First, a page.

Al Roker reveals prostate cancer diagnosis

By Heather Cichowski

Al Roker revealed he has been diagnosed with prostate cancer and he will undergo surgery to treat it.

The Today co-host opened up about his cancer diagnosis during the show on Nov. 6.

"It's a good news/bad news kind of thing," the 66-year-old said. "Good news is we caught it early. Not great news is that it's a little aggressive so I'm going to be taking some time off to take care of this."

Al continued that he was "being aggressive against it" and he would undergo surgery next week to remove his prostate. Then they will see what the next steps are. The weather anchor is hopeful he will be back at work in a few weeks.

Al continued, "We'll just wait and see, and hopefully in about two weeks I'll be back."

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The television personality explained on Today his reasons for going public with his diagnosis, including how prostate cancer is one of the most common cancers. He also wanted to draw attention to its impact on Black men. One in 9 men overall will be diagnosed with prostate cancer in their lifetime and 1 in 7 Black men, according to the stats Today gave. Additionally, Al said Black men are "twice as likely to die from this disease."

"The problem for African American men is that any number of reasons, from genetics to access to health care, and so we want to make it available and let people know they got to get checked," Al explained.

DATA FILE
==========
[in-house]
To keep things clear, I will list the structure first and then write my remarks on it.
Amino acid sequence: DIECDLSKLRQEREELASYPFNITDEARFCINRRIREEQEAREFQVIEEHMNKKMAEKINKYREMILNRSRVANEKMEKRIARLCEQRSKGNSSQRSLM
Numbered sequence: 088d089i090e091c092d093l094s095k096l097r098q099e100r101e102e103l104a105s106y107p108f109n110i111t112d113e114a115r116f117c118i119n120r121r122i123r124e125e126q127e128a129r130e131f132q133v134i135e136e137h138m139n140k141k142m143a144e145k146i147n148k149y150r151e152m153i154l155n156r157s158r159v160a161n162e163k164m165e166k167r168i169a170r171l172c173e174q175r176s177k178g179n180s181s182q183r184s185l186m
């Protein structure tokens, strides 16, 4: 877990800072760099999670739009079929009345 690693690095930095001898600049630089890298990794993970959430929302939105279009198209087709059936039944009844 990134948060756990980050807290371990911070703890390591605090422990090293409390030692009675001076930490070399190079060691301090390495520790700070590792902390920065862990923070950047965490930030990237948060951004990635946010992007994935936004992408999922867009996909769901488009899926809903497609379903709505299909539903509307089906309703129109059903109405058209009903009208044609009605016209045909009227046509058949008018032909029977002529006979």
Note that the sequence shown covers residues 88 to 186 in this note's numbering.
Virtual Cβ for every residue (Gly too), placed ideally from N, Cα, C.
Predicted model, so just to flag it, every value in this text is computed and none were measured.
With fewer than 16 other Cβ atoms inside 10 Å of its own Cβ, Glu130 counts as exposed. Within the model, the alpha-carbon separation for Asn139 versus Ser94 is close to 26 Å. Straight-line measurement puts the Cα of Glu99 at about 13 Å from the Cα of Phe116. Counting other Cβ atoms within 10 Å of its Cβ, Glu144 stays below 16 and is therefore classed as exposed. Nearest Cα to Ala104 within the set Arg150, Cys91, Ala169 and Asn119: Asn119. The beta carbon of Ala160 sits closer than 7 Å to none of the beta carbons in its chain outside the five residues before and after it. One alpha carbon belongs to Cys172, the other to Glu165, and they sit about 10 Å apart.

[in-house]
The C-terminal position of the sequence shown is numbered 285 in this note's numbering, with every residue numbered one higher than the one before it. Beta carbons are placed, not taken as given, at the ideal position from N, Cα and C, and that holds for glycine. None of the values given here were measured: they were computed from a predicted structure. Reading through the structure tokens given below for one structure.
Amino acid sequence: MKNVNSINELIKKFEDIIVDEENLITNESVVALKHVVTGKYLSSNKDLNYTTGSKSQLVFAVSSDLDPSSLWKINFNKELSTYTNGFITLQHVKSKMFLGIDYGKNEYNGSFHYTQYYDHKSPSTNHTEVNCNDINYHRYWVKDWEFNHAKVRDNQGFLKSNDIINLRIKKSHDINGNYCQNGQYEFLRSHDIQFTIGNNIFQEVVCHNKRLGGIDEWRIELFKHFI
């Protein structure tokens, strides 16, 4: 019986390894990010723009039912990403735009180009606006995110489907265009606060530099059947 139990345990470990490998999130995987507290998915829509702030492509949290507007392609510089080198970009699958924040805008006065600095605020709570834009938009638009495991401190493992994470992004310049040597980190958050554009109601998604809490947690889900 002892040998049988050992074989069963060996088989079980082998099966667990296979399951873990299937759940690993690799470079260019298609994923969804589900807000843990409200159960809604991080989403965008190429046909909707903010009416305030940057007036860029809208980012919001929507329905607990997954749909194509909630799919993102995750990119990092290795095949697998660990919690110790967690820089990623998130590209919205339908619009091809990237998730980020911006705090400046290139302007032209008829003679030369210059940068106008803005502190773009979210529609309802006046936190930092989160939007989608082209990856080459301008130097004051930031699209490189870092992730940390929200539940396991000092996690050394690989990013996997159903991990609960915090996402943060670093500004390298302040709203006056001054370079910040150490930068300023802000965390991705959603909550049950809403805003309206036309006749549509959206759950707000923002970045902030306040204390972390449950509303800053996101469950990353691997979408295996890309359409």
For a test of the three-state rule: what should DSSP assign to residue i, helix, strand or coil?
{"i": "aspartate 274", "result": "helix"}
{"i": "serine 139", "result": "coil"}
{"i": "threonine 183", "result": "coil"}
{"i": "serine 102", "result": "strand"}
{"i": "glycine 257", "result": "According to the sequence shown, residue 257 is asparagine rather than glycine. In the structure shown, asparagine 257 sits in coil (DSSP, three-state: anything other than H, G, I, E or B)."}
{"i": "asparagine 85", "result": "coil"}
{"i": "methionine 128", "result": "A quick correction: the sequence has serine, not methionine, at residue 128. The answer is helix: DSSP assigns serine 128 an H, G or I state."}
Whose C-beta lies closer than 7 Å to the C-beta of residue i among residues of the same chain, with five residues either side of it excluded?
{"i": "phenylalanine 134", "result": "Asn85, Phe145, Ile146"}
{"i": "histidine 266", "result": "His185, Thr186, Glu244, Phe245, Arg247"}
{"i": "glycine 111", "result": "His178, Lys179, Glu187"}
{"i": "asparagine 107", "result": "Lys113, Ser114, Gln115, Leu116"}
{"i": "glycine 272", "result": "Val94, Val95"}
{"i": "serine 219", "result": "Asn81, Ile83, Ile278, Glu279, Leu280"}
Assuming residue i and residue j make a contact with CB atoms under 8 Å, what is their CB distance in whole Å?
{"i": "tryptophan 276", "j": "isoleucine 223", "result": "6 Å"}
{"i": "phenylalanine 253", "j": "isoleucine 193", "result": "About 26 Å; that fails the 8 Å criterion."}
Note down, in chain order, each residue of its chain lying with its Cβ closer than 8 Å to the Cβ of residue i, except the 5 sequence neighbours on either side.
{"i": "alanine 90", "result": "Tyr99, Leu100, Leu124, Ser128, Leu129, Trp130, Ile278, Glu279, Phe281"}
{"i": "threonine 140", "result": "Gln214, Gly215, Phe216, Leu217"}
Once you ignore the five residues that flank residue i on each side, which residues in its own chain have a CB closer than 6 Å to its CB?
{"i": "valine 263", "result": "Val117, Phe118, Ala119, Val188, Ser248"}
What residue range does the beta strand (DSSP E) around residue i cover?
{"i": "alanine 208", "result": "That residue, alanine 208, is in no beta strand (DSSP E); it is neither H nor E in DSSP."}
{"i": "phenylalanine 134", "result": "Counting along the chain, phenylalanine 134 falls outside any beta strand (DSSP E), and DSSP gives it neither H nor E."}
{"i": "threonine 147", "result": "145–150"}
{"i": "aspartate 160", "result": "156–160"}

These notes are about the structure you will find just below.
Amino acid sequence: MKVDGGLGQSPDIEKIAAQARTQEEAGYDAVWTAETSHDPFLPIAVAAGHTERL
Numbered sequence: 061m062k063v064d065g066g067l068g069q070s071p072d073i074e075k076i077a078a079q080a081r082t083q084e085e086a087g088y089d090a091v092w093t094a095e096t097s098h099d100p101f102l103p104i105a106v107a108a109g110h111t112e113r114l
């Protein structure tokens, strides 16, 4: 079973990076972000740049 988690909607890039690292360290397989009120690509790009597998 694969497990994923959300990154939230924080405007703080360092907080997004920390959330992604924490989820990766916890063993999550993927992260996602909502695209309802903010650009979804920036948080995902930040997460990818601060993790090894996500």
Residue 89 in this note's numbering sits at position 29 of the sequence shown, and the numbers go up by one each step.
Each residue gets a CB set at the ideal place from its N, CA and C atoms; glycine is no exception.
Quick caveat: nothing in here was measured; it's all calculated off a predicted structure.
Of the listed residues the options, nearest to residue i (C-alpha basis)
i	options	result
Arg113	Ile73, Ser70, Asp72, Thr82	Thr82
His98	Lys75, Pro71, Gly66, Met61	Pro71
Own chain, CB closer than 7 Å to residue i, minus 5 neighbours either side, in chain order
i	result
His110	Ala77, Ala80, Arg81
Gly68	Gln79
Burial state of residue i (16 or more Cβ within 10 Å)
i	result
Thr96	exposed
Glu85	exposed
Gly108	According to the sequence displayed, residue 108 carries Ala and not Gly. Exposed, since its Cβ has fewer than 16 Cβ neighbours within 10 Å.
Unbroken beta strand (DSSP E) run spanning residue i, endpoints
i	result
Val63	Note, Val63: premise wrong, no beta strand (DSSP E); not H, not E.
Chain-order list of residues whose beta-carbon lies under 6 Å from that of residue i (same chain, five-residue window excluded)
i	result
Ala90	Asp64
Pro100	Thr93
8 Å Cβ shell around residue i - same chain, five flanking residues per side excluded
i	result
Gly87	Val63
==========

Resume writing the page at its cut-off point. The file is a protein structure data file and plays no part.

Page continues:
The host's surgeon, Dr. Vincent Laudone, and his colleague at Memorial Sloane Kettering Cancer Center cancer surgeon Dr. Carol Brown, spoke on the program about prostate cancer and Al's diagnosis.

“Fortunately his cancer appears somewhat limited or confined to the prostate," shared Vincent. "But, because it’s more aggressive, we wanted to treat it, and after discussion regarding all of the different options — surgery, radiation, focal therapy — we settled on removing the prostate."

The longtime host received an outpouring of support from his co-workers and his wife, ABC News correspondent Deborah Roberts, and later viewers and social media users.

"It's important to keep a positive attitude in any disease, really," Al stated. "And because I've got a great support system, I'm a little ahead of the game that way."

He wrote on Twitter, "I want to thank everyone sending all the good thoughts, wishes and prayers our way. Looking forward to seeing you all in a couple of weeks."

We wish Al well in his surgery and recovery.

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